Dialogues on Disability on Wednesday, April 19th: Eighth Anniversary Installment

“I have read almost all of your interviews and they are always wonderful. …  I am really looking forward to the next installment of Dialogues on Disability.” — Adrian Piper

“I’ve learned so much from Shelley Lynn Tremain’s Dialogues on Disability through the years (and found out about so much exciting work being done by disabled philosophers).” — Jane Dryden

“I’ve learned so much about ableism in philosophy and academia from Shelley Tremain. I really recommend the Dialogues on Disability series, but all of Shelley’s work is incredibly valuable.” — Megan Dean

“Dialogues on Disability . . . might be viewed as what Ahmed would call a ‘willfulness archive’ . . . Yet I would rather draw on Ahmed’s martial metaphor and conceive of this series of interviews as an army: a collection of disabled arms locked in opposition to making the field whole, or an arsenal of sharpened spears ready to be hurtled at the edifice of the field of philosophy.” — Johnathan Flowers

“The Dialogues on Disability platform … has been very helpful to me, especially at times where I did not feel I belong in the world of academic philosophy.” — Disabled philosophy graduate student

“Shelley’s interviews are incisive and impactful inside and outside of the academy.” — Public Philosophy Network

Please join me tomorrow, that is, Wednesday, April 19th, for the EIGHTH-ANNIVERSARY installment of Dialogues on Disability, the groundbreaking and critically acclaimed series of interviews that I am conducting with disabled philosophers and post here on the third Wednesday of each month.

The series is designed to provide a public venue for discussion with disabled philosophers about a range of topics, including their philosophical work on disability; the place of philosophy of disability vis-à-vis the discipline and profession; their experiences of institutional exclusion and personal and structural gaslighting in philosophy, in particular, and in academia, more generally; resistance to ableism, racism, sexism, and other apparatuses of power; accessibility; and anti-oppressive pedagogy.

In the upcoming anniversary installment of the series, two very special guests will join me to highlight unforgettable moments from the interviews of the past year, drawing in critical insights from another unforgettable year of pandemic: fatphobia and pedagogy; solidarity amongst disabled philosophers; resistance to making philosophy “whole;” the continued marginalization of philosophy of disability; phenomenological insights into ableism; emotions and trans disabled philosophers; the importance of structural analyses of ableism; the continued exclusion of disabled philosophers; and much, much more!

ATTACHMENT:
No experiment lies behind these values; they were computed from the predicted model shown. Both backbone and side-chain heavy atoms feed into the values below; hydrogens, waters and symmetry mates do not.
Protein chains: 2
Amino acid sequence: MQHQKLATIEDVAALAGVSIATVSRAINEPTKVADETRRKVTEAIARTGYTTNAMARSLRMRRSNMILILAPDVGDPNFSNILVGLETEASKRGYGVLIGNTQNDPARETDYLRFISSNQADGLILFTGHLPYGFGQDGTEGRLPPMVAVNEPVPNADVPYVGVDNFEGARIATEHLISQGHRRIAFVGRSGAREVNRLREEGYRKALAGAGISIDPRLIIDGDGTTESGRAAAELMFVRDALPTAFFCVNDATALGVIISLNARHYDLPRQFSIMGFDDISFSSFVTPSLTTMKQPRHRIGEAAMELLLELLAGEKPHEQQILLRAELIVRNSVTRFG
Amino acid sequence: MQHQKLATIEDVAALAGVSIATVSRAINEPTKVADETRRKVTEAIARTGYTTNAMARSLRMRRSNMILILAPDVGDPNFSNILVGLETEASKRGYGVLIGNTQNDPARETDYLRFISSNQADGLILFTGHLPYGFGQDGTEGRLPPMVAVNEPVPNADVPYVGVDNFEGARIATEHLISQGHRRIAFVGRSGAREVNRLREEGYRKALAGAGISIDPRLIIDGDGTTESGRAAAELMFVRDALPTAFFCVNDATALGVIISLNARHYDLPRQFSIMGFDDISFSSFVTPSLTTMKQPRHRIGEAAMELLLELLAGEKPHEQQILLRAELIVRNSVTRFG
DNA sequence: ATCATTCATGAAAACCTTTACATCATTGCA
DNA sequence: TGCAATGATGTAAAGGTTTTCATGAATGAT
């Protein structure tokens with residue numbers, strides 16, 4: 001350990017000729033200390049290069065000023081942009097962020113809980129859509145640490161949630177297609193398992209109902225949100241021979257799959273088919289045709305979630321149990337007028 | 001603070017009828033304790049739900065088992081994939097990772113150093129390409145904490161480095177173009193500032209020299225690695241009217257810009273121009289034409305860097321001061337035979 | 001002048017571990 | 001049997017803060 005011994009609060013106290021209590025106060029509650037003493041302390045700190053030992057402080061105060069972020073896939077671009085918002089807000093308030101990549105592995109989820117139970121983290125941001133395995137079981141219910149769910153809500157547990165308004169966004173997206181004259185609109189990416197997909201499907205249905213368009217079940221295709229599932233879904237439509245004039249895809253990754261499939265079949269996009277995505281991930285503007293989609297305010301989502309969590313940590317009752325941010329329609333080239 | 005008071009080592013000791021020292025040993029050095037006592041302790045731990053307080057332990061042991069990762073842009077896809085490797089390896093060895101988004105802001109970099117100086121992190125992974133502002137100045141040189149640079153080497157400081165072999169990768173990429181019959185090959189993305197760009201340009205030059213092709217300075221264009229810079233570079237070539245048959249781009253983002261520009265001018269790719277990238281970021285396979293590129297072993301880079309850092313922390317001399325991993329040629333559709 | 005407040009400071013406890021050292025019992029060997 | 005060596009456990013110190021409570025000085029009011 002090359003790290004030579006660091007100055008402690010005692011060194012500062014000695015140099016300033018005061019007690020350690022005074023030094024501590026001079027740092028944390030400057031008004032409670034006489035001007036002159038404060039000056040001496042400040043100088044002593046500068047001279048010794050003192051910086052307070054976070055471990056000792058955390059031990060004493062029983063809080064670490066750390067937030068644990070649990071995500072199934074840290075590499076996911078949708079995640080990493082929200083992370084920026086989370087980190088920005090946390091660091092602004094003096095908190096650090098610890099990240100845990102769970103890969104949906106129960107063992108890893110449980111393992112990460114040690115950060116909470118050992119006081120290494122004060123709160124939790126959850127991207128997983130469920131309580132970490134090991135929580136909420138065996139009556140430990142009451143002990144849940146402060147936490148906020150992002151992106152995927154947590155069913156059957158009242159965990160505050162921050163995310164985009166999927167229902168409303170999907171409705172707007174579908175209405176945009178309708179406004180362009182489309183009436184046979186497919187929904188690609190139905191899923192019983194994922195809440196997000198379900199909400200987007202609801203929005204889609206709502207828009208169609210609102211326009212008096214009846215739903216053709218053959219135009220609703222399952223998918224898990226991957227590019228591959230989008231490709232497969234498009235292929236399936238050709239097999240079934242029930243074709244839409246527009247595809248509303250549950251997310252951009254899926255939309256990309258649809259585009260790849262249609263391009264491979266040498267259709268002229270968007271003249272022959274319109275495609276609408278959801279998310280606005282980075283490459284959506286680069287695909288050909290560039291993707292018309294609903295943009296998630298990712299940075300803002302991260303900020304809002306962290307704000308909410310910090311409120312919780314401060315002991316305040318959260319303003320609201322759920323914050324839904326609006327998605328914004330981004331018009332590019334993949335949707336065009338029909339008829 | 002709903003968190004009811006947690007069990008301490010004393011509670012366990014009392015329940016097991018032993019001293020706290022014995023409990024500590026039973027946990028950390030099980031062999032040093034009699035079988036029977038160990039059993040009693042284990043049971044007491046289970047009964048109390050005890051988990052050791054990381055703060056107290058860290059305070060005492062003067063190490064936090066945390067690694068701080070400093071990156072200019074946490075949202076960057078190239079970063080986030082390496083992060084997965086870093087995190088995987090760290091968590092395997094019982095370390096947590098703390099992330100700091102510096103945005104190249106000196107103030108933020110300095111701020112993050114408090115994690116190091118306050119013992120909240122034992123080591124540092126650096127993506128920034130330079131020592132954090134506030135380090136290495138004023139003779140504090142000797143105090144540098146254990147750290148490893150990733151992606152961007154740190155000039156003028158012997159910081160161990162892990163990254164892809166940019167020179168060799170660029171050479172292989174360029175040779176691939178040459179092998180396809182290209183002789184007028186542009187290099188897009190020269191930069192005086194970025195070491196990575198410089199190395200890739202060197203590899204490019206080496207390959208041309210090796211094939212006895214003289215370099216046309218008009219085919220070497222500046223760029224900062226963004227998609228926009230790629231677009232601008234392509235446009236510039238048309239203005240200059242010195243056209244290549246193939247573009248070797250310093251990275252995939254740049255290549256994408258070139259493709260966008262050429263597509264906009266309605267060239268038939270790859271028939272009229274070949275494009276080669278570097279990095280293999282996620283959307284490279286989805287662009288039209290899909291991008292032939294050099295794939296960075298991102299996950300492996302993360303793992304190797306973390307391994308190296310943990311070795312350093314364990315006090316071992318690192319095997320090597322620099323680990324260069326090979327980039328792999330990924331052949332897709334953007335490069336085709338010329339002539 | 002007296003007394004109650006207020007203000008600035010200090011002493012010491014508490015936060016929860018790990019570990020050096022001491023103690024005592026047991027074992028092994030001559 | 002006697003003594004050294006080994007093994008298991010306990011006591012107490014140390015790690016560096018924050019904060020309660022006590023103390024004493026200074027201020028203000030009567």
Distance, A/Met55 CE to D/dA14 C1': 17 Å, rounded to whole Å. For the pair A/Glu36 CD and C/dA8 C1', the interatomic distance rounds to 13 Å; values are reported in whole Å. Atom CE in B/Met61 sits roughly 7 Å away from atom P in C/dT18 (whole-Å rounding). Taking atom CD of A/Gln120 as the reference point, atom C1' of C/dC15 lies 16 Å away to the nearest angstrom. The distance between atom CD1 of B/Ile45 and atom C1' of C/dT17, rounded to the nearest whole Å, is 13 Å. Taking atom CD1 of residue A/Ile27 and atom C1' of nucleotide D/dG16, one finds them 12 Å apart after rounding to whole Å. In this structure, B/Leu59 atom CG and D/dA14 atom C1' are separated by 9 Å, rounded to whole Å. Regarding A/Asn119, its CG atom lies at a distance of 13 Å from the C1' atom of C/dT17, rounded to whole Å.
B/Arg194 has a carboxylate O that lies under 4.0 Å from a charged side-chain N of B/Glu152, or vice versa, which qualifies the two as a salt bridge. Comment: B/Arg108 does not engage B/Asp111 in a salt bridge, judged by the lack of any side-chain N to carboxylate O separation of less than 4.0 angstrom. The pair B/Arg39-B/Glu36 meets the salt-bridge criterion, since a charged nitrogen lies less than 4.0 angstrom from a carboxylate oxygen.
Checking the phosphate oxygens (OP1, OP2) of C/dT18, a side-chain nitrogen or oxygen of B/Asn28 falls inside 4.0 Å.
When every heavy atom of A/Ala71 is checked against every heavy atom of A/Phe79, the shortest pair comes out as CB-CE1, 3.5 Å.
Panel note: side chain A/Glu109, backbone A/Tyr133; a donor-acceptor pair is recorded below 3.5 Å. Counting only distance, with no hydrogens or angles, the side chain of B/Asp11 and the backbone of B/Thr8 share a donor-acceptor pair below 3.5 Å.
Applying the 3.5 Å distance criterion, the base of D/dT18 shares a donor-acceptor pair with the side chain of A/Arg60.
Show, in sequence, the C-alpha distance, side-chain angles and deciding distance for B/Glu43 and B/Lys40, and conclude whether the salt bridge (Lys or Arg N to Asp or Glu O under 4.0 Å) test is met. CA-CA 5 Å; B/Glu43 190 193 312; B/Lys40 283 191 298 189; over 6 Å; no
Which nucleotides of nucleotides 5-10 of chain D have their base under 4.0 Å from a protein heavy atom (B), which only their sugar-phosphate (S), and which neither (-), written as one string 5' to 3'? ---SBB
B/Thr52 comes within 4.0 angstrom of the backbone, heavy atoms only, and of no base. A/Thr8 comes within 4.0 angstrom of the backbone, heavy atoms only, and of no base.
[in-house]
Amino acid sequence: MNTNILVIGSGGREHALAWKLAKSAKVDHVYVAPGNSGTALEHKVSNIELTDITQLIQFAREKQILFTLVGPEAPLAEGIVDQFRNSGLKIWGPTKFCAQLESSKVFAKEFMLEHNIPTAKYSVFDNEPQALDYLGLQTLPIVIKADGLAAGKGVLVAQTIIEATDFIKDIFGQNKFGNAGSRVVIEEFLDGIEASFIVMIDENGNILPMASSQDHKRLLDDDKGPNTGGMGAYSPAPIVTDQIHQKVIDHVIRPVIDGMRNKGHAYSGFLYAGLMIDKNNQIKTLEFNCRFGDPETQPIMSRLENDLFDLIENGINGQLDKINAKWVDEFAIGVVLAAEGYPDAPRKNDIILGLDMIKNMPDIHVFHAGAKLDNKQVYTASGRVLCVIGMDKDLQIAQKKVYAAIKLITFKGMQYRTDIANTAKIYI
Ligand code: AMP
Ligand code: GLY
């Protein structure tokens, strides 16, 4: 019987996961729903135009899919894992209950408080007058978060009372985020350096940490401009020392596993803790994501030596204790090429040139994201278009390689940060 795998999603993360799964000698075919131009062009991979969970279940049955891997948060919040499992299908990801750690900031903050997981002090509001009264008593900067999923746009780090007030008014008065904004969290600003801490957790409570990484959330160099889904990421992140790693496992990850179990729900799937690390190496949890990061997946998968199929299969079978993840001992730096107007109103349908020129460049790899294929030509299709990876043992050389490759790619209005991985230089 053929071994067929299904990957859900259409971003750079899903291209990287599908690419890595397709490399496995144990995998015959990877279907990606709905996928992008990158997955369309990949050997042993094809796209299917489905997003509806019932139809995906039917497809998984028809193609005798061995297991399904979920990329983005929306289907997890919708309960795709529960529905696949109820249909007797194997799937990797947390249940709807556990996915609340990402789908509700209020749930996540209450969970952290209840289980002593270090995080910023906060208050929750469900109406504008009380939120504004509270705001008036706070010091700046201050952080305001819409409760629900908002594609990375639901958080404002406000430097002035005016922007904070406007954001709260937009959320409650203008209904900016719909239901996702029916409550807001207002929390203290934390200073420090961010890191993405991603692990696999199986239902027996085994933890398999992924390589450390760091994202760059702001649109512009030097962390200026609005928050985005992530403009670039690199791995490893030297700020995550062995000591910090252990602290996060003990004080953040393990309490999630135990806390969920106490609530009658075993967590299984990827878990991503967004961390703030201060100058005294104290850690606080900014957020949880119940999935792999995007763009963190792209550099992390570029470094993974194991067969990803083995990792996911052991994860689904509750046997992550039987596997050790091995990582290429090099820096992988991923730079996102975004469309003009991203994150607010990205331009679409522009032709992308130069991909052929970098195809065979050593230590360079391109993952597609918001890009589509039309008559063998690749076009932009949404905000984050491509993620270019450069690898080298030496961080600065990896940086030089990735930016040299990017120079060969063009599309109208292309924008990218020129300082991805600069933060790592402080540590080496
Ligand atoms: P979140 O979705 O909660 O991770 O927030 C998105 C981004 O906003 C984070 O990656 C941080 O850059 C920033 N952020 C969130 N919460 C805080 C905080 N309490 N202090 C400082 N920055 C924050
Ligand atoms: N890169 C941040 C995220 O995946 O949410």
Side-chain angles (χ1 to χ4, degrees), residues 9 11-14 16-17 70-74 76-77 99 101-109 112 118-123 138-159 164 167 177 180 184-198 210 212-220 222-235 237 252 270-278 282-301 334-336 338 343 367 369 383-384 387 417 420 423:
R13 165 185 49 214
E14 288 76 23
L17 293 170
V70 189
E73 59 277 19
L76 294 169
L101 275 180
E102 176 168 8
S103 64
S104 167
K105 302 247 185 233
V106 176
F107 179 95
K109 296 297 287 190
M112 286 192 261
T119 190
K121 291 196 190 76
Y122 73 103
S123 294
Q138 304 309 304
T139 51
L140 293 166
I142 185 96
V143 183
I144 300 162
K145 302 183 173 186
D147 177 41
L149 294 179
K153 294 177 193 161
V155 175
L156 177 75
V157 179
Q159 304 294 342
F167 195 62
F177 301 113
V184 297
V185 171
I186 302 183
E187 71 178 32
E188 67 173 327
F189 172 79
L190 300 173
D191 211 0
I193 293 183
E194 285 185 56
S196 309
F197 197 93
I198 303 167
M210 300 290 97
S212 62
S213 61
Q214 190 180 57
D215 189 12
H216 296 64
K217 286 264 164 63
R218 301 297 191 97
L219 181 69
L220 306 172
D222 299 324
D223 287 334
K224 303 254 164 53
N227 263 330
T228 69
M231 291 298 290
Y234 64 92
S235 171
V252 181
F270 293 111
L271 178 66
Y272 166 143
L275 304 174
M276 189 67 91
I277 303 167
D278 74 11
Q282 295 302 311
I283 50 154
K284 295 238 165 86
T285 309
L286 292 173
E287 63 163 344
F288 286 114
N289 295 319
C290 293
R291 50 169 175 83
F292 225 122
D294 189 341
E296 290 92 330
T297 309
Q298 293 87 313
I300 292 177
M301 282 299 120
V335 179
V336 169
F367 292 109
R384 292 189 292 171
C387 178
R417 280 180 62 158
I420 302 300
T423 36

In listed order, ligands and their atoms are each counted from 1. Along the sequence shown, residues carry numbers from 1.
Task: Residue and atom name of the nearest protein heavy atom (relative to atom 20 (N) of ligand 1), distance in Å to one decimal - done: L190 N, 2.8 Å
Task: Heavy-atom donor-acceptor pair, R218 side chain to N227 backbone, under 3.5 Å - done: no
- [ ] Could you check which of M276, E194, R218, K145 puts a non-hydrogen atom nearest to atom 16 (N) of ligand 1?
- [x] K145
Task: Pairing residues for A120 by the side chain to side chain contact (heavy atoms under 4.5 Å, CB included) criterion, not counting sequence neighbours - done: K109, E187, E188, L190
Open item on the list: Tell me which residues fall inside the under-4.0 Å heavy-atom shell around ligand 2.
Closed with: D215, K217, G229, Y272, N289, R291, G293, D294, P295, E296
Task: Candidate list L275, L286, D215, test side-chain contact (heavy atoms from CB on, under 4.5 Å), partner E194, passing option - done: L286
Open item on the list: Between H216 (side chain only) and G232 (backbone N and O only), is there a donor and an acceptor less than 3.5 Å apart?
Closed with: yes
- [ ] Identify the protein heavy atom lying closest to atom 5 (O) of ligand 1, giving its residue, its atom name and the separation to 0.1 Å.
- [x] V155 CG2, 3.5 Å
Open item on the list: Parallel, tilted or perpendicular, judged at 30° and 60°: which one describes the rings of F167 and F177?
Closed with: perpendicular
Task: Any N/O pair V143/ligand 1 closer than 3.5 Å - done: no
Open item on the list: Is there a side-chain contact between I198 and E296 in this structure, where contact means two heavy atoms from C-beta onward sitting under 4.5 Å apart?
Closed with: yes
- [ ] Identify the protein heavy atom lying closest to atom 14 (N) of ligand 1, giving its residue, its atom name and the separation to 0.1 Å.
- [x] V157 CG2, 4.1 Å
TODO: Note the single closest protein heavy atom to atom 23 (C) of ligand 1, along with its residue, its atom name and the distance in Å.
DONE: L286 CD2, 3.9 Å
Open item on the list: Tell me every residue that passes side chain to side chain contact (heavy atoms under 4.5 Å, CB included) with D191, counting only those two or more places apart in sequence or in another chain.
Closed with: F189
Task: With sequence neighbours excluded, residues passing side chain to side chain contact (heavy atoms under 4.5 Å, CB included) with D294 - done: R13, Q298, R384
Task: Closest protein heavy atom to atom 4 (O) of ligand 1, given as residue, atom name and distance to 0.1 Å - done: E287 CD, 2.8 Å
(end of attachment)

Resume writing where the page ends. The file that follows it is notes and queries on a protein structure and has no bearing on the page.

The entire Dialogues on Disability series is archived on BIOPOLITICAL PHILOSOPHY here.

From April 2015 to May 2021, I coordinated, edited, and produced the Dialogues on Disability series without any institutional or other financial support. A Patreon account now funds the series, enabling me to continue to create it. You can contribute your support for these vital interviews with disabled philosophers at the Dialogues on Disability Patreon account page here.

As a settler, I acknowledge that the land on which I sit to conduct these interviews is the traditional ancestral territory of the Haudenosaunee and Anishinaabeg nations. The territory was the subject of the Dish with One Spoon Wampum Belt Covenant, an agreement between the Iroquois Confederacy and the Ojibwe and allied nations around the Great Lakes. I offer these interviews with respect for and in solidarity with Indigenous peoples of so-called Canada and other settler states who, for thousands of years, have held sacred the land, water, air, and sky, as well as their inhabitants, and who, for centuries, have struggled to protect them from the ravages and degradation of colonization and expropriation.

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